He should be seen to be taking on the very mundane but critical problems facing Nigerians in a more frontal manner. Our problems of constant power cut, fuel scarcity and joblessness may have international dimension, but they do not necessarily need the intervention of the international community. The long vehicular queues for fuel that have remained with us in the last one month neither need the intervention of the Queen of England, nor President Hollande or Barack Obama.

While some of the trips the President has undertaken may look important, not all of them are of strategic importance to Nigeria’s interest. Even those of strategic interest must be undertaken in style. Indeed, our presence at some of them increasingly cast us in the role of a bench warmer.

International events like CHOGM may provide opportunities for Buhari and others before him to discuss matters of common interest with their counterparts from other parts of the world, but they amount to mere sight seeing where there are pressing national issues that call for presidential intervention. The increasing frequency of the presidential trips is appearing to be indicative of our irrelevance in the international circle. Which makes the trips embarrassing. The President may need to be guided to realise that he doesn’t need to honour all and every international invitations.

Time was when a Nigerian head of state’s speech at international forums were looked upon with great expectations. A Murtala Muhammed’s speech at an OAU meeting was hardly something to be treated with levity. Such speeches were dissected for their policy thrust, national and regional relevance. They spoke of our role and relevance as a regional power house.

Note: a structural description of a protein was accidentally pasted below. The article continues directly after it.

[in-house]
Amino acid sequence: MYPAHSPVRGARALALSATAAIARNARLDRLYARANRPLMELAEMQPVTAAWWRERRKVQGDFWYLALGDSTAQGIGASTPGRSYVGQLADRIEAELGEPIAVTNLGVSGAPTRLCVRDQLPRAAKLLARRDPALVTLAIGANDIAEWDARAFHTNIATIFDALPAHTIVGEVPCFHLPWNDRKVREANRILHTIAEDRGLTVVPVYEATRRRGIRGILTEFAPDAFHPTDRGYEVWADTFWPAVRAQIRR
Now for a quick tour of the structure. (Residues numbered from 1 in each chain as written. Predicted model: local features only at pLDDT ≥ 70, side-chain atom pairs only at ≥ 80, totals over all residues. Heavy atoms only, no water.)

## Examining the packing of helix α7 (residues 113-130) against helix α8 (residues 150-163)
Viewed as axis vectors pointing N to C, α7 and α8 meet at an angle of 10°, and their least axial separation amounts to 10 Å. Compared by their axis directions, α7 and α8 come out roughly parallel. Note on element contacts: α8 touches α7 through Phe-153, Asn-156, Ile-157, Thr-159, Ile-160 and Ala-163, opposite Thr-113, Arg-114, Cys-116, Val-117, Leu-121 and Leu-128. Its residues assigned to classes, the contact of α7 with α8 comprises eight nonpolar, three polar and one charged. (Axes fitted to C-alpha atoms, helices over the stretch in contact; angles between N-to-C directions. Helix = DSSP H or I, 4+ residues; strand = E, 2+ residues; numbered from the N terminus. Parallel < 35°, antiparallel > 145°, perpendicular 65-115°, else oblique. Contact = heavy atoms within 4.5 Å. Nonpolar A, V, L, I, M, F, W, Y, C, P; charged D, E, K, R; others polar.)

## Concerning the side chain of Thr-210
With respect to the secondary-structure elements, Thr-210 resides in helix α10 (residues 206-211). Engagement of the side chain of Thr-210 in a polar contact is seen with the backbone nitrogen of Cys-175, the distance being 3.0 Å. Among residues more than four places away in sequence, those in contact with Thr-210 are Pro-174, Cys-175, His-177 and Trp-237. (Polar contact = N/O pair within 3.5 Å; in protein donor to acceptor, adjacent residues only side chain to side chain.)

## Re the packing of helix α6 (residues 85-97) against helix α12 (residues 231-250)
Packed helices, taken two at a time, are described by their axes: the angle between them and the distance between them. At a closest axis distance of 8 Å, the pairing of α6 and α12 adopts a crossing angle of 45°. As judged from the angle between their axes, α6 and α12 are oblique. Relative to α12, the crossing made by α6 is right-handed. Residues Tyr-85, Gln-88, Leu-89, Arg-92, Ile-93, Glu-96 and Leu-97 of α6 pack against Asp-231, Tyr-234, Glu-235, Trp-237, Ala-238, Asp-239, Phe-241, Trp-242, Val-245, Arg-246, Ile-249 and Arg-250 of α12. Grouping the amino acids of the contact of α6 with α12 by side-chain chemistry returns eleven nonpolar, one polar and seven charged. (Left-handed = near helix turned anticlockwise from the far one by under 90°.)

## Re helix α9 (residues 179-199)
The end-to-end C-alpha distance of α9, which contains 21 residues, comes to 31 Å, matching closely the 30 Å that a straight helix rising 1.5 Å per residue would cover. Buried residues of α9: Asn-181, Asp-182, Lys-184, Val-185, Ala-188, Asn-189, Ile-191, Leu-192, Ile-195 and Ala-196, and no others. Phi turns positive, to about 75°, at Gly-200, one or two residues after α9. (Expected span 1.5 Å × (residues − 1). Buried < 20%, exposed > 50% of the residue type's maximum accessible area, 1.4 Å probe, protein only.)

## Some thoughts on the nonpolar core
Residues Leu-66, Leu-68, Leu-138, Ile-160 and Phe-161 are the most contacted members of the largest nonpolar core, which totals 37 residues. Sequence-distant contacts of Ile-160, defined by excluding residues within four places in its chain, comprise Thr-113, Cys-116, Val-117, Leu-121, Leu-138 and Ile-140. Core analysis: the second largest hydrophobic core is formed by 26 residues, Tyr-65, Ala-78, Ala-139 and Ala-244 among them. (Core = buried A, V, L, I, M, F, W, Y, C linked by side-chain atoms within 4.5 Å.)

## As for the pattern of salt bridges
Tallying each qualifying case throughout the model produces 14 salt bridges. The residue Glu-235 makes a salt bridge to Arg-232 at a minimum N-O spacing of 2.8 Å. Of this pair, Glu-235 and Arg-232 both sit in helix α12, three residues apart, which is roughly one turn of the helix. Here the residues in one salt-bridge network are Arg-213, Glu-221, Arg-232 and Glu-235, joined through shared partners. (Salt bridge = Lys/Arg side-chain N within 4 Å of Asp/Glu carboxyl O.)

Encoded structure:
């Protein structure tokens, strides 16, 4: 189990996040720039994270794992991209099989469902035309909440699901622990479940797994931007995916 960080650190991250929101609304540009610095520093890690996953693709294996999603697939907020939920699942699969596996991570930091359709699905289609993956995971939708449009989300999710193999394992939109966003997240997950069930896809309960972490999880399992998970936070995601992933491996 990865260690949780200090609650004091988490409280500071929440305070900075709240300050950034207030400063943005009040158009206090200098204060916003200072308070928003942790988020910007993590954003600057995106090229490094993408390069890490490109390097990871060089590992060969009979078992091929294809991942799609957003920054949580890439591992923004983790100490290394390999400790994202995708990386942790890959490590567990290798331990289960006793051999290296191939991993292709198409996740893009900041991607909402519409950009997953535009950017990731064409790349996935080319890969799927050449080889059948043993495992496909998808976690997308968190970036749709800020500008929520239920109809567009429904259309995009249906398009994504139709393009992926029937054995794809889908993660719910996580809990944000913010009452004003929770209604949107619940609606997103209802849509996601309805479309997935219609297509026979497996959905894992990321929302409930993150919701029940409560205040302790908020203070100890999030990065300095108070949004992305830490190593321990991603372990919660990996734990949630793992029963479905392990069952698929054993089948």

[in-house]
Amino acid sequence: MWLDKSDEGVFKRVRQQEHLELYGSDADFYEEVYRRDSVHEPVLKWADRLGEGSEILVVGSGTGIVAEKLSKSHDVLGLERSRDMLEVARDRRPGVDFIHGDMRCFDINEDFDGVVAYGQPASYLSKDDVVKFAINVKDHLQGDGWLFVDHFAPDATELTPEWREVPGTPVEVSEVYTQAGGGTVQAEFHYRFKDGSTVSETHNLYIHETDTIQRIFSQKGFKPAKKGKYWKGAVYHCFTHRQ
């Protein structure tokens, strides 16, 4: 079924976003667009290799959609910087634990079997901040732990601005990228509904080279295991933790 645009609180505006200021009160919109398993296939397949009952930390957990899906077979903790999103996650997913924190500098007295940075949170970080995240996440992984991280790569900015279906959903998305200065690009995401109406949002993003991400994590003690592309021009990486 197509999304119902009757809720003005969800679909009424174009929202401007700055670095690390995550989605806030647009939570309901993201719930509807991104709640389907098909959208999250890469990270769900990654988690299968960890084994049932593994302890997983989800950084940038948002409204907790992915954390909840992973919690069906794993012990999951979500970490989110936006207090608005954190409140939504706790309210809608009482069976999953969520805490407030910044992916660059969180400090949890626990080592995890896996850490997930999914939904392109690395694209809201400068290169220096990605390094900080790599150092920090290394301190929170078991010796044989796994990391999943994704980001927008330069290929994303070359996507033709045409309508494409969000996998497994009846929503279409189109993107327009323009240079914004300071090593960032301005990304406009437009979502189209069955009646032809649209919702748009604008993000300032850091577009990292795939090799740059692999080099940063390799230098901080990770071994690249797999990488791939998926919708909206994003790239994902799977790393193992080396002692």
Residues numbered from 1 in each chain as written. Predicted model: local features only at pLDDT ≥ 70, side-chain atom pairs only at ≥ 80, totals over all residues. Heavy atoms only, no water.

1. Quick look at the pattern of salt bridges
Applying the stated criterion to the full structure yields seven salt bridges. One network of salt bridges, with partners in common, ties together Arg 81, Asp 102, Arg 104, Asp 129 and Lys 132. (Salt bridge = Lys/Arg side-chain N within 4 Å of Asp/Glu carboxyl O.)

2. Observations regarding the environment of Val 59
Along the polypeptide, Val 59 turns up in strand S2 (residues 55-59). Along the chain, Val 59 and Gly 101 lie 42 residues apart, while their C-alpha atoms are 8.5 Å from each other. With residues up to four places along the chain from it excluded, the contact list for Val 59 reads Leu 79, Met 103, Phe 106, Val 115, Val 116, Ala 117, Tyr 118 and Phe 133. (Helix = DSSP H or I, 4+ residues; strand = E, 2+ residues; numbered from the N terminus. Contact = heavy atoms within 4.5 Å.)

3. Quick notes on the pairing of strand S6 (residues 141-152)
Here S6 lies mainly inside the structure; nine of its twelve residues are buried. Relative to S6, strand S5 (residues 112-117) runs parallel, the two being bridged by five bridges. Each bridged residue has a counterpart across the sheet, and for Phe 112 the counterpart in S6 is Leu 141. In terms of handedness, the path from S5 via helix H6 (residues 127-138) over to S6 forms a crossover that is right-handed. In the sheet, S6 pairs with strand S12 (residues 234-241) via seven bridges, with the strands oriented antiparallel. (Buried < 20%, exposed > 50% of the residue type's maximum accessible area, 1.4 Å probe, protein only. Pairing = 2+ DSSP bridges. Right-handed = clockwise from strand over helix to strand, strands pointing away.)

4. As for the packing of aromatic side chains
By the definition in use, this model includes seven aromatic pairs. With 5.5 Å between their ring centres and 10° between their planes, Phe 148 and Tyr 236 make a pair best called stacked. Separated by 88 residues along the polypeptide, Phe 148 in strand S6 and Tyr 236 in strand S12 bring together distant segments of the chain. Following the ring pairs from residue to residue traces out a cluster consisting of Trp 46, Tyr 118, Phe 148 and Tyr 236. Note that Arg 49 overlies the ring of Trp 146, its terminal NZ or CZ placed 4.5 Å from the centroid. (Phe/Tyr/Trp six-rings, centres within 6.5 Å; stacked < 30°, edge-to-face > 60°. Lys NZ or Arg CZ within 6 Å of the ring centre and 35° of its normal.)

These days, especially in the wake of our return to so-called democracy, our presence at similar forums is just as an addition to the number of countries in attendance. Our leaders go to these forums to make very jejune and ordinary pronouncements. If all that could be reported of President Buhari’s presence in Malta are the teary stats on Boko Haram’s depredation, he was better off not attending at all. He could have passed the same message to the international community without going abroad.

Of course we cannot command the attention of the world if we are as corrupt and self-destructive as we’ve been in the last many years. We can’t force others to respect us when we can’t be seen to be acting respectably. But what this calls for is not more international trips. Rather, we should try to build Nigeria from within with all our heart and mind. Our leaders have to be inward-looking. When we do the important things the world will notice and will show their readiness to partner with us.

For now we are below the international radar. As with recent trips by high profile world leaders, Pope Francis bypassed Nigeria to Kenya, Uganda and the restive Central African Republic on his recent visit to our continent. Obama has visited South Africa, Egypt and Kenya whose president was until recently wanted for war crime.

Obama, the first African-American president, has not deemed it necessary to visit the most populous Black nation on our planet. What further proof do we need of our plunge into irrelevance? Yet our way out of the valley of international snub lies at home and not in frequent presidential trips abroad.